We went up to Farmleigh this afternoon. It was restored for the nation by the office of public works and is open to the public when very important guests are not staying there. It was bought from the Guinnesses for €29.2 million (ah, that property boom again) and it is a, not very attractive, piece of high Victoriana, in my view. I can’t help feeling that there are many other buildings the nation might have been better off spending its money on.

Nevertheless, as our politicians are fond of saying at the moment “we are where we are”. There are markets in the courtyard and events all year round. I have been consistently disappointed in the Farmleigh offering but the fact that so many other people regularly have a great time there keeps drawing me back. Today, wasn’t too bad. The courtyard was chilly and cheerless and the Santa unconvincing but the house was warm and manned by people in 19th century gear (I am a sucker for costume – I nearly died of happiness in Upper Canada Village). In the ballroom, there was a big Christmas tree and a choir were singing beautifully. All around were people like us with small children, spellbound. Children were sitting on their parents knees, rocking back and forth – their little faces all aglow from the cold weather outside. When the choir stopped singing, you could have heard a pin drop. Two childish voices piped up into the silence:

Childish voice 1: This is boring.
Childish voice 2: Yeah, this is boring, I want to go somewhere I can spend my money.

No prizes for guessing whose children these might be.

Thoughts on customer service

4 December, 2009 at 2:10 pm by belgianwaffle

I am on leave today and occupying myself with domestic administration. Your Christmas card is in the post. I have booked pantomime tickets. We will be gracing “Aladdin” with our presence. I looked at the online booking form. It was fine and very easy to use. Yet, vaguely, I recalled having spoken to a human being when making the booking last year and being pleased by the experience. I called instead. The woman in the box office talked about our seats. I talked about the height of my little family. She gave me options. We discussed whether it would be better to sit in the middle or closer to the edge or perhaps up in the balcony. She said that the rows were not very wide and sitting at the edge gave just as good a view and maybe that might suit better so that we could go in and out to the toilet (a likely eventuality). She got my details a lot more speedily than the online site and I was able to explain that I wanted the tickets to be sent to my parents in Cork rather than my home address in Dublin, though the latter was my billing address. She was also able to pronounce my surname properly. Non-Cork people always pronounce it wrongly. Are human interactions not much, much nicer than online ones? Or am I just turning into my mother?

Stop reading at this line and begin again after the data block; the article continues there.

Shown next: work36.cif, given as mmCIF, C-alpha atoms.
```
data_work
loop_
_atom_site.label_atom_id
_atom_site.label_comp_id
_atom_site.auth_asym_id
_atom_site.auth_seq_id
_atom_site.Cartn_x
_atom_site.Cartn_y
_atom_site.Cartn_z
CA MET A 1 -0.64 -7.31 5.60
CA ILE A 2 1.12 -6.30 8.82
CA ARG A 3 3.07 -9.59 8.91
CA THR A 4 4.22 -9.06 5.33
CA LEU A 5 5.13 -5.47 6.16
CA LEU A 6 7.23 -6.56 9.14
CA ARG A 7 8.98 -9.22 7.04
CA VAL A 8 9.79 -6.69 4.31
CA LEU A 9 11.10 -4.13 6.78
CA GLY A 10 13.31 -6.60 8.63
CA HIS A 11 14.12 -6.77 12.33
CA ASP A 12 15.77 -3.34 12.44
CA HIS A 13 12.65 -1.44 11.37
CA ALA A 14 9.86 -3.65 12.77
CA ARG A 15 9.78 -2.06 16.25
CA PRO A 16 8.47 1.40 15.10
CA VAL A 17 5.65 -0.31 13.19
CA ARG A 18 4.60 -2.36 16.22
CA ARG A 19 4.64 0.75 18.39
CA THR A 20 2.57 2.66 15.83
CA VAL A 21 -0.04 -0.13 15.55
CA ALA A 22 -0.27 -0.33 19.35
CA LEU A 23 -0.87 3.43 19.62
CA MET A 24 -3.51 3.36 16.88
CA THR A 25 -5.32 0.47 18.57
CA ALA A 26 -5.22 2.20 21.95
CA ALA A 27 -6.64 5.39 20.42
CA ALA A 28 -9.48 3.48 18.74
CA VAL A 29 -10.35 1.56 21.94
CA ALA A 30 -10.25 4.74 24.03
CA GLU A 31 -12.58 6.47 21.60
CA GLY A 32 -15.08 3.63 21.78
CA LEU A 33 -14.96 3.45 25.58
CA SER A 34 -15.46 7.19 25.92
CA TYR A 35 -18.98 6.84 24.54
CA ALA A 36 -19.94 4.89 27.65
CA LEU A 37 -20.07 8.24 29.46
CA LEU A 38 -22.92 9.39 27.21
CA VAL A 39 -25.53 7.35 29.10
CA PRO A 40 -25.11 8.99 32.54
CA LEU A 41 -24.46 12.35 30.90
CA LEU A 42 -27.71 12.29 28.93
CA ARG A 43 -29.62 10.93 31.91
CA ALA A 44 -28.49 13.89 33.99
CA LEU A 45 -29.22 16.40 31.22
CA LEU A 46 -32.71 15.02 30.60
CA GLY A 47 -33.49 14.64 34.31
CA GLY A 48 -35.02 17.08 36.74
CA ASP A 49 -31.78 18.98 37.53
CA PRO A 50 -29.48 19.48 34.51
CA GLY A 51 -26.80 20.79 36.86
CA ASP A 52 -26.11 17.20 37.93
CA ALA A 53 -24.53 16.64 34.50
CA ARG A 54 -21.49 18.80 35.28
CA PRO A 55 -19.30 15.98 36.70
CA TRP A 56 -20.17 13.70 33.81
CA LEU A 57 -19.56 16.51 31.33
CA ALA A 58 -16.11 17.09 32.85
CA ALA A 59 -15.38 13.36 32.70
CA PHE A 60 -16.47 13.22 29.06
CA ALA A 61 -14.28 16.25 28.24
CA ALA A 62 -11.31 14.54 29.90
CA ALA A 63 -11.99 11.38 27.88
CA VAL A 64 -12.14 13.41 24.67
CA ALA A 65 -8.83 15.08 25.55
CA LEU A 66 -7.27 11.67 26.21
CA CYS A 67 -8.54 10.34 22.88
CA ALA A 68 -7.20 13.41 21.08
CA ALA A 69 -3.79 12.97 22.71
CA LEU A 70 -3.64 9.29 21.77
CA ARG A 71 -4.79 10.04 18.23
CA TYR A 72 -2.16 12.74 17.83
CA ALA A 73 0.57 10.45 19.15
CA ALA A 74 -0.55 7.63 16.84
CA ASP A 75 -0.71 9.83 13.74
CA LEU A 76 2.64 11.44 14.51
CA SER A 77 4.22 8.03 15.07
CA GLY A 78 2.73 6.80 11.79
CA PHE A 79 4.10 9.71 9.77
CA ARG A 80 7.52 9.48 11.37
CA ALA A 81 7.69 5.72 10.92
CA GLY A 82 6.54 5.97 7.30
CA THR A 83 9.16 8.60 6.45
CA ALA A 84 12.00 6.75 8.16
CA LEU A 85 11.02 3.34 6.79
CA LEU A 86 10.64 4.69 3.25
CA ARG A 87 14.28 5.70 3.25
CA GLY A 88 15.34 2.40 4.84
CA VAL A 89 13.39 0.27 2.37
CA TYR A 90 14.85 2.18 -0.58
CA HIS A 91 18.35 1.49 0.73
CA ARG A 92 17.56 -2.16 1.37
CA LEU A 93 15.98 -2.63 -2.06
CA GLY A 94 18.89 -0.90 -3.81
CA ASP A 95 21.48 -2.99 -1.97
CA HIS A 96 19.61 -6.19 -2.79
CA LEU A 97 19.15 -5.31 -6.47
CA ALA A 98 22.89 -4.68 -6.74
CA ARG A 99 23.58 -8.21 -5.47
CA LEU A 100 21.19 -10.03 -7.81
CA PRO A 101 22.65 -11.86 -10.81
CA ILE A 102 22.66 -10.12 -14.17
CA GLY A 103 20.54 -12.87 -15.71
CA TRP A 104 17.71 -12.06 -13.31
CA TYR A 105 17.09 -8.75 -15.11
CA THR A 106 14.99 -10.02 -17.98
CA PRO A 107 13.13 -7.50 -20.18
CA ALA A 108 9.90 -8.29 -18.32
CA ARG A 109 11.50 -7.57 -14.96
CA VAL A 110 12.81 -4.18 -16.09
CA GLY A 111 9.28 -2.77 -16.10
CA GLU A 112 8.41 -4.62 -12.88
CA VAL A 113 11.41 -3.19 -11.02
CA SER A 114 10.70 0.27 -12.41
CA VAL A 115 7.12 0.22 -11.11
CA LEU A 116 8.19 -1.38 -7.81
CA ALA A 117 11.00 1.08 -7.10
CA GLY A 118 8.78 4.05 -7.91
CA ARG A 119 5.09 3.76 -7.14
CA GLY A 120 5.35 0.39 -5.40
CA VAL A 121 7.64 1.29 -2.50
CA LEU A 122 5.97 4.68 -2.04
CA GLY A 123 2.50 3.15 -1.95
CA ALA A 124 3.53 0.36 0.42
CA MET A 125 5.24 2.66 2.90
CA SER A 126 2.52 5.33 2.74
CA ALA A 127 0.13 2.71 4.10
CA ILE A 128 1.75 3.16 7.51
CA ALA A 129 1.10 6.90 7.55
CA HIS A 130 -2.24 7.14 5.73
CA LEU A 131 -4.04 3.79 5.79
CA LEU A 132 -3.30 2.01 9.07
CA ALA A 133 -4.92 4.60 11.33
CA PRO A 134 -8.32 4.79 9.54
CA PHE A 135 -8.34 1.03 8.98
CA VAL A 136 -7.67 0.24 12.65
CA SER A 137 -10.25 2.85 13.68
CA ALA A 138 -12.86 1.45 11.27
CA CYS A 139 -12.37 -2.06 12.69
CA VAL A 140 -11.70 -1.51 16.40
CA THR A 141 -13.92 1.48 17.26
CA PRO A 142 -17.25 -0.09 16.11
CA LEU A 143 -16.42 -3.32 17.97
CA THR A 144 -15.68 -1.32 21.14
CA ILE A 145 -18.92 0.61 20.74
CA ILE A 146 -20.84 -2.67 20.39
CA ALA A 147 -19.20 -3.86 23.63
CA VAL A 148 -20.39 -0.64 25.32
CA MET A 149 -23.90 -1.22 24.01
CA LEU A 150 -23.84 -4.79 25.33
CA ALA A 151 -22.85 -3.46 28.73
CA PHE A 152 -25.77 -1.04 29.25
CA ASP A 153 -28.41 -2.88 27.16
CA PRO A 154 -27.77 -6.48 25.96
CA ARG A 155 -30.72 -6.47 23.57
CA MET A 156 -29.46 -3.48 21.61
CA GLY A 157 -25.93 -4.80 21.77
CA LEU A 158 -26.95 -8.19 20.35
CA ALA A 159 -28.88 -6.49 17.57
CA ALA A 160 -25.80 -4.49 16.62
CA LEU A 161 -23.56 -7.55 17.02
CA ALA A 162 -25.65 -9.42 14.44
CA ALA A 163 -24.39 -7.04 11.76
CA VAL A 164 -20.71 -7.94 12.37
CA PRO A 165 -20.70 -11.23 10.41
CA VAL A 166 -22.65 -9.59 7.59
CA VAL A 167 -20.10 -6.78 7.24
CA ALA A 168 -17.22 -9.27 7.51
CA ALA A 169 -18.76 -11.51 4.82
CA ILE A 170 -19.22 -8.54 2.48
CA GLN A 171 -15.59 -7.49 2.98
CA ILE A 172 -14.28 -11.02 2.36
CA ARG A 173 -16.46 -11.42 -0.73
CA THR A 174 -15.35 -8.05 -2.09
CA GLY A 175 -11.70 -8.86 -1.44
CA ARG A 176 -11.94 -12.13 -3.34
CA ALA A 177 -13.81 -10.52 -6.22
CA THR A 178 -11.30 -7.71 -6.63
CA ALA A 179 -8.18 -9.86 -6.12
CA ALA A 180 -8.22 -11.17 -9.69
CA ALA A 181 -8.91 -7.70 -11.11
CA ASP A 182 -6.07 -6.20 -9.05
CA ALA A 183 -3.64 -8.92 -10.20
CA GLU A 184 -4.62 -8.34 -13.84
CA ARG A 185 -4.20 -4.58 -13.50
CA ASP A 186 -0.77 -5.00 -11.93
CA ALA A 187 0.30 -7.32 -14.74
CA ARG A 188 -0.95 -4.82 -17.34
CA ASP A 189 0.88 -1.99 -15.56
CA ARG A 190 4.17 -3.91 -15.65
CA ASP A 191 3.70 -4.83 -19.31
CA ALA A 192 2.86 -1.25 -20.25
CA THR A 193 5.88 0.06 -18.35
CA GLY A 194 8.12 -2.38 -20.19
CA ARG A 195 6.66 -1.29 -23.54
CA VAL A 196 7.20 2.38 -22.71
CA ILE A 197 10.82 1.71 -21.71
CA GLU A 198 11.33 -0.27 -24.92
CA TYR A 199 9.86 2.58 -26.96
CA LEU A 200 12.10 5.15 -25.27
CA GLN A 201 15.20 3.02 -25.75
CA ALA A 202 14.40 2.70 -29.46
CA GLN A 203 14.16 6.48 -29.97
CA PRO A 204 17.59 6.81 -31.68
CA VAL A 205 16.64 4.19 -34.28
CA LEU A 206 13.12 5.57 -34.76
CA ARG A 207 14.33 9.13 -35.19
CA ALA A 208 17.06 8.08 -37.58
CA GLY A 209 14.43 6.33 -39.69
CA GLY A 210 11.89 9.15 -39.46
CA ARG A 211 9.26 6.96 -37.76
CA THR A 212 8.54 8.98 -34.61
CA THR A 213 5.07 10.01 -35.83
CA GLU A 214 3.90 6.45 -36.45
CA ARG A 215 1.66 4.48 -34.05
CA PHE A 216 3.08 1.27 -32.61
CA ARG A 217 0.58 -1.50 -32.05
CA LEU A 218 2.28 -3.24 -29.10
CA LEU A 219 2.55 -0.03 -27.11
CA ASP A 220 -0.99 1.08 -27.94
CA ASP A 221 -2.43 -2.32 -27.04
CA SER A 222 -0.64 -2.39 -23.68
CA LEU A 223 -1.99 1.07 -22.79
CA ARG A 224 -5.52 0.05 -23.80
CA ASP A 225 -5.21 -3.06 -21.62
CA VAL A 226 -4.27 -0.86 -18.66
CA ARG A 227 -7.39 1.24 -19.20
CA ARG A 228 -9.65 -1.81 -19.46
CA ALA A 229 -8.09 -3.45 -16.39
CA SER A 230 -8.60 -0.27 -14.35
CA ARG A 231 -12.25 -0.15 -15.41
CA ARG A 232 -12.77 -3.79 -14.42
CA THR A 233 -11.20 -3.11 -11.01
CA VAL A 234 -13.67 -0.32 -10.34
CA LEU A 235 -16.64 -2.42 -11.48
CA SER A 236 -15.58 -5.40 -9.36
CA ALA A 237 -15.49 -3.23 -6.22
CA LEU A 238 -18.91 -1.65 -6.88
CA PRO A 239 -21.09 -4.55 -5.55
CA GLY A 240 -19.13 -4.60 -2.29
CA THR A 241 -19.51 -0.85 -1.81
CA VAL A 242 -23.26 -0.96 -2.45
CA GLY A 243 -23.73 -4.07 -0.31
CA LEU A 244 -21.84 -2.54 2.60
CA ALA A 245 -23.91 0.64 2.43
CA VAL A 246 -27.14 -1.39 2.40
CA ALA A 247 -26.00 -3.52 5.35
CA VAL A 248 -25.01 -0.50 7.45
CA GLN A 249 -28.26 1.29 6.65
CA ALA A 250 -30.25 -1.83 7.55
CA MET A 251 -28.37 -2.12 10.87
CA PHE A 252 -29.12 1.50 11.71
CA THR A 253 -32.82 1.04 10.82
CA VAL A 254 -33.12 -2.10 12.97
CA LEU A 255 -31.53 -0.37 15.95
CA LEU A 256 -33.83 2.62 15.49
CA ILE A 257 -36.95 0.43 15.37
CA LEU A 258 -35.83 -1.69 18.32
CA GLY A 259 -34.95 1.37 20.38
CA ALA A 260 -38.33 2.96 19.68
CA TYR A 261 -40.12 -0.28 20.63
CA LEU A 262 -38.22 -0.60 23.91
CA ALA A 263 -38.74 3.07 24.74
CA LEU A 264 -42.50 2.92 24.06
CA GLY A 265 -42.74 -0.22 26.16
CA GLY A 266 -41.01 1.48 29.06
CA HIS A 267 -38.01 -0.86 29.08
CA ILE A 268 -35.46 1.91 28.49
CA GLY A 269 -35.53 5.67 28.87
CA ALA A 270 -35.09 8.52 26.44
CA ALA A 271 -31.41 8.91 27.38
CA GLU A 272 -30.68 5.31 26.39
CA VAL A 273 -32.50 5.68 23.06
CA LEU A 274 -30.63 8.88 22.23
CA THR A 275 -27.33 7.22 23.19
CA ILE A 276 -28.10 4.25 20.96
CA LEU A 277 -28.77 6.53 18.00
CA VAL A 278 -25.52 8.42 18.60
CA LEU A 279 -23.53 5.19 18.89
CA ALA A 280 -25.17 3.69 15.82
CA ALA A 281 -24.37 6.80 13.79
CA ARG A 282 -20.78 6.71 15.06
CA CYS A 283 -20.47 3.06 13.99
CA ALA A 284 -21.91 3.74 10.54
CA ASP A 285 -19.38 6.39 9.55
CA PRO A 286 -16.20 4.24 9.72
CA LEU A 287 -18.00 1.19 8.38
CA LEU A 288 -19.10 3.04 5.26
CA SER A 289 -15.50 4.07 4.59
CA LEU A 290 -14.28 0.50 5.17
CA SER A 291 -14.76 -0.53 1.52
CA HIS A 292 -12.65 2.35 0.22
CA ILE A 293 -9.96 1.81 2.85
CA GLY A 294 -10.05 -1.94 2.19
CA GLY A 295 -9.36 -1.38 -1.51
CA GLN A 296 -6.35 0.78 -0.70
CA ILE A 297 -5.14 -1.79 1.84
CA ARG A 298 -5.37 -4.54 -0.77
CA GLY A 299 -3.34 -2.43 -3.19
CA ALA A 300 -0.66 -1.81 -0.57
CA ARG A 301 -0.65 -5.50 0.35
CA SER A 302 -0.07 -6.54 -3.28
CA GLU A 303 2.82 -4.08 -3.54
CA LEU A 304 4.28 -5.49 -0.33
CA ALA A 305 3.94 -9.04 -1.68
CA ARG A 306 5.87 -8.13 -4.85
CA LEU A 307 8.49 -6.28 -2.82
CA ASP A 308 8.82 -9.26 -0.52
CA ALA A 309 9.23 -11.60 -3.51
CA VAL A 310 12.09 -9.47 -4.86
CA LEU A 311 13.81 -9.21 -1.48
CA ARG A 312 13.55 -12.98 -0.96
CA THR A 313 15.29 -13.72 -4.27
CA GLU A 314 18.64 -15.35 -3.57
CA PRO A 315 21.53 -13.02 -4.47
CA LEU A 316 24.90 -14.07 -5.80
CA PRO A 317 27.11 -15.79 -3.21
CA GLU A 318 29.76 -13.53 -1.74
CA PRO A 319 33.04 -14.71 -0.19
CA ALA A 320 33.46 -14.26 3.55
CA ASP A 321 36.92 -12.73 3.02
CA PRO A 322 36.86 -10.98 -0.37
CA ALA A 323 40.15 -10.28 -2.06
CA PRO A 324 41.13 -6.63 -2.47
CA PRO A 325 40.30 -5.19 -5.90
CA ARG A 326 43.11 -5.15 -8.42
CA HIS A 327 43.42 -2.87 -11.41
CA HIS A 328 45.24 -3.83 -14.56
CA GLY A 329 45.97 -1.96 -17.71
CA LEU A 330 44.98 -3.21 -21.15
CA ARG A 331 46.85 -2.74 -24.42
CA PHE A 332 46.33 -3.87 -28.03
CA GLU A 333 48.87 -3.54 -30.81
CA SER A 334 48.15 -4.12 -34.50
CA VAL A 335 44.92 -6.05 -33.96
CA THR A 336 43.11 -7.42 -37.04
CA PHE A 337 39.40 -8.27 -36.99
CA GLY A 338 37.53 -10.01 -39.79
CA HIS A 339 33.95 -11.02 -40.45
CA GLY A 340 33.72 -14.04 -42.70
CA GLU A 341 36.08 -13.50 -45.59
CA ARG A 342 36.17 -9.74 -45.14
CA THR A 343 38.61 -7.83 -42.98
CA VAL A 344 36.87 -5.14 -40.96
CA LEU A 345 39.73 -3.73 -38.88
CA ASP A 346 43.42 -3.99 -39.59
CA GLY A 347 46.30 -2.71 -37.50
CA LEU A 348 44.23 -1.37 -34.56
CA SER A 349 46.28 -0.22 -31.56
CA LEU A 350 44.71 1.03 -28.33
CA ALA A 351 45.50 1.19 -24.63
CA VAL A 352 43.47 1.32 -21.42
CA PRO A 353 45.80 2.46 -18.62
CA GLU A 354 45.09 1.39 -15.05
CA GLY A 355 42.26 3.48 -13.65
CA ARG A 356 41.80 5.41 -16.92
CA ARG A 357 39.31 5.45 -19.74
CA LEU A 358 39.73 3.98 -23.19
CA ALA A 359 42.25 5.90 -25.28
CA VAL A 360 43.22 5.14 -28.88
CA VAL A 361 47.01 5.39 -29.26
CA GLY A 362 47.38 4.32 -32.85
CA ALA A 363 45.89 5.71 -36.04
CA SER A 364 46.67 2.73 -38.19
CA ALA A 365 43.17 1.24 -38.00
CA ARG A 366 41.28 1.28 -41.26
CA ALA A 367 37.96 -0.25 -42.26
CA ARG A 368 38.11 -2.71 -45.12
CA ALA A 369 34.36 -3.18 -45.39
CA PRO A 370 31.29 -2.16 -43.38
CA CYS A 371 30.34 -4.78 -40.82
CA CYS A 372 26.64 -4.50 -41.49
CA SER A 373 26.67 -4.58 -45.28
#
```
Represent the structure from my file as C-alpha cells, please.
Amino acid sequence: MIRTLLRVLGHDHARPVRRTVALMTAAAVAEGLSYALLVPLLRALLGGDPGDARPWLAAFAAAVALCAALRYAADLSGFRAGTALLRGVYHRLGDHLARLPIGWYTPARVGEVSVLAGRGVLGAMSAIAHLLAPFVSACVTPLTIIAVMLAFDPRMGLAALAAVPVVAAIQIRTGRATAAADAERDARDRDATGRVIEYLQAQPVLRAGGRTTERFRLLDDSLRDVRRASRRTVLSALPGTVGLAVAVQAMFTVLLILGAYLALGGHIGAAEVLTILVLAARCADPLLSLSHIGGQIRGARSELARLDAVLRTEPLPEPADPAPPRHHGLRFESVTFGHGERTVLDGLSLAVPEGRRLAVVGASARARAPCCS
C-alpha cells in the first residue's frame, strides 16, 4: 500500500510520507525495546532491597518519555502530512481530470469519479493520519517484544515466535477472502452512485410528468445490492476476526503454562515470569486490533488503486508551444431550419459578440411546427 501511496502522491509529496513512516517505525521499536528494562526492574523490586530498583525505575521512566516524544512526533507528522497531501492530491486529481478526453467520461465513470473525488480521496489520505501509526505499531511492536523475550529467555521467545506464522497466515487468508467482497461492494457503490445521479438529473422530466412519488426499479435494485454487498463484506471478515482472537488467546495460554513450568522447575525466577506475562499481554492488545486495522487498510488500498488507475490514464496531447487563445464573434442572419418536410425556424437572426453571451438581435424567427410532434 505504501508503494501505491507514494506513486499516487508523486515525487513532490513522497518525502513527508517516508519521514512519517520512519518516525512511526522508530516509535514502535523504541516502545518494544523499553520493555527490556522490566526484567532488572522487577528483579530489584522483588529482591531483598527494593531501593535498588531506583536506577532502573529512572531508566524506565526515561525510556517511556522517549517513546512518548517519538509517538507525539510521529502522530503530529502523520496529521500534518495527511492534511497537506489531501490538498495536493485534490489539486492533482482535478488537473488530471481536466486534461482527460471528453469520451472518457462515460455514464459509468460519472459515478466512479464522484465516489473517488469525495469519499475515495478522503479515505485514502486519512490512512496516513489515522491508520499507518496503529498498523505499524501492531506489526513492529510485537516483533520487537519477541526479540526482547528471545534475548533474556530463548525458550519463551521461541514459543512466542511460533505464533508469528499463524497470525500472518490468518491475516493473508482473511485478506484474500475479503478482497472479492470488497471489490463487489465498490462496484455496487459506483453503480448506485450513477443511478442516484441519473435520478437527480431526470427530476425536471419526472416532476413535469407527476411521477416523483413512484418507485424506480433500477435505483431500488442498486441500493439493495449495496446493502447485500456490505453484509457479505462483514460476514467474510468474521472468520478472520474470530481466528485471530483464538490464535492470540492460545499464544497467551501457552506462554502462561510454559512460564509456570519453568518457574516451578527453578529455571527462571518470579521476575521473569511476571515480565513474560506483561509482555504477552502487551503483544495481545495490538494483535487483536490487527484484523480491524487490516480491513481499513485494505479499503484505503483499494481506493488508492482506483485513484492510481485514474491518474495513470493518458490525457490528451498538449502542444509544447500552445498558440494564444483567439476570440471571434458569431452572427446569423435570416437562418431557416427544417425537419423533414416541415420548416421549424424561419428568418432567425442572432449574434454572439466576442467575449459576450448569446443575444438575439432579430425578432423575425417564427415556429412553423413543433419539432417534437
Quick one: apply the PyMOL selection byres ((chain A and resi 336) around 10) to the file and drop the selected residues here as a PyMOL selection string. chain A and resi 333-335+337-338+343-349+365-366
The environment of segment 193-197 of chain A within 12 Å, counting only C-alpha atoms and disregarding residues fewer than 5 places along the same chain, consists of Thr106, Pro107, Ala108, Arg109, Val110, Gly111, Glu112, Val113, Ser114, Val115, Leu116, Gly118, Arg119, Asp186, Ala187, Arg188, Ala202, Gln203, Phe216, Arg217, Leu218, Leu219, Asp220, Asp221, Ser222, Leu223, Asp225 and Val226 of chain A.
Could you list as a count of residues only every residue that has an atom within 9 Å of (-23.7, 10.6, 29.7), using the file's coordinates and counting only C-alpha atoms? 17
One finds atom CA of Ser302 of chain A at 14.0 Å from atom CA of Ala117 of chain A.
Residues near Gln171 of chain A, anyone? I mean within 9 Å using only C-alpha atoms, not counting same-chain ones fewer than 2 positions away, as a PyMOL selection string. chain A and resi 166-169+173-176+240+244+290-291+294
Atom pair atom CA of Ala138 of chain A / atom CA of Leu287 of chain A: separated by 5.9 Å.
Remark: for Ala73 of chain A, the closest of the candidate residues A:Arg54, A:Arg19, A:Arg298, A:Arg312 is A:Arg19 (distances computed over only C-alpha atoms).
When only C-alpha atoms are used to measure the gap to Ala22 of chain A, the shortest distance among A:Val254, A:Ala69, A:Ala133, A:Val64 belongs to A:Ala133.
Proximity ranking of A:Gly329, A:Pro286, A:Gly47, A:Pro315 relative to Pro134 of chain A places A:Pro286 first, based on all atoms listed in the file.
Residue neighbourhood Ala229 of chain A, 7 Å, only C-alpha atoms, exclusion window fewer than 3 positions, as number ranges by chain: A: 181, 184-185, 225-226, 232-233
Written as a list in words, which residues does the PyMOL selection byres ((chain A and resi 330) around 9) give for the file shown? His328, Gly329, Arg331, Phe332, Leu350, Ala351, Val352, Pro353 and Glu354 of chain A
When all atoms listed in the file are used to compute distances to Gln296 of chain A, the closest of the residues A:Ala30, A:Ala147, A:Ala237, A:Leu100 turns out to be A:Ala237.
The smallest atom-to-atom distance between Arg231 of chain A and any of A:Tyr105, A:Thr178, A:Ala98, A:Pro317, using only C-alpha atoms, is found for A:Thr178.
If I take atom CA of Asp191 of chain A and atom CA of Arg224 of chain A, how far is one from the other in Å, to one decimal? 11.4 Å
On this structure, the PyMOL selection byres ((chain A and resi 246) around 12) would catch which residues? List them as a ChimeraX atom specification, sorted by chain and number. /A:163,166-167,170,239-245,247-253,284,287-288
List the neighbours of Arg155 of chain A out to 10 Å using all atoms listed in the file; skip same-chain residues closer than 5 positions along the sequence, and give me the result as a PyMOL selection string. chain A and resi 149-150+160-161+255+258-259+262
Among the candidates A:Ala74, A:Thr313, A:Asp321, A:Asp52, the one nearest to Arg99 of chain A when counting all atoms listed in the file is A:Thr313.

Thank you to those of you who read for all of NaBloPoMo and further gratitude to those who wanted me to keep writing. What stamina you have. I have been ignoring the blog all week so if your carefully thought out and charming comment has gone unanswered, or worse, been caught in the spam filter, sorry, but I will be back to you. Oh, and have a link. If you are Irish, you will recognise this way of addressing a scandal.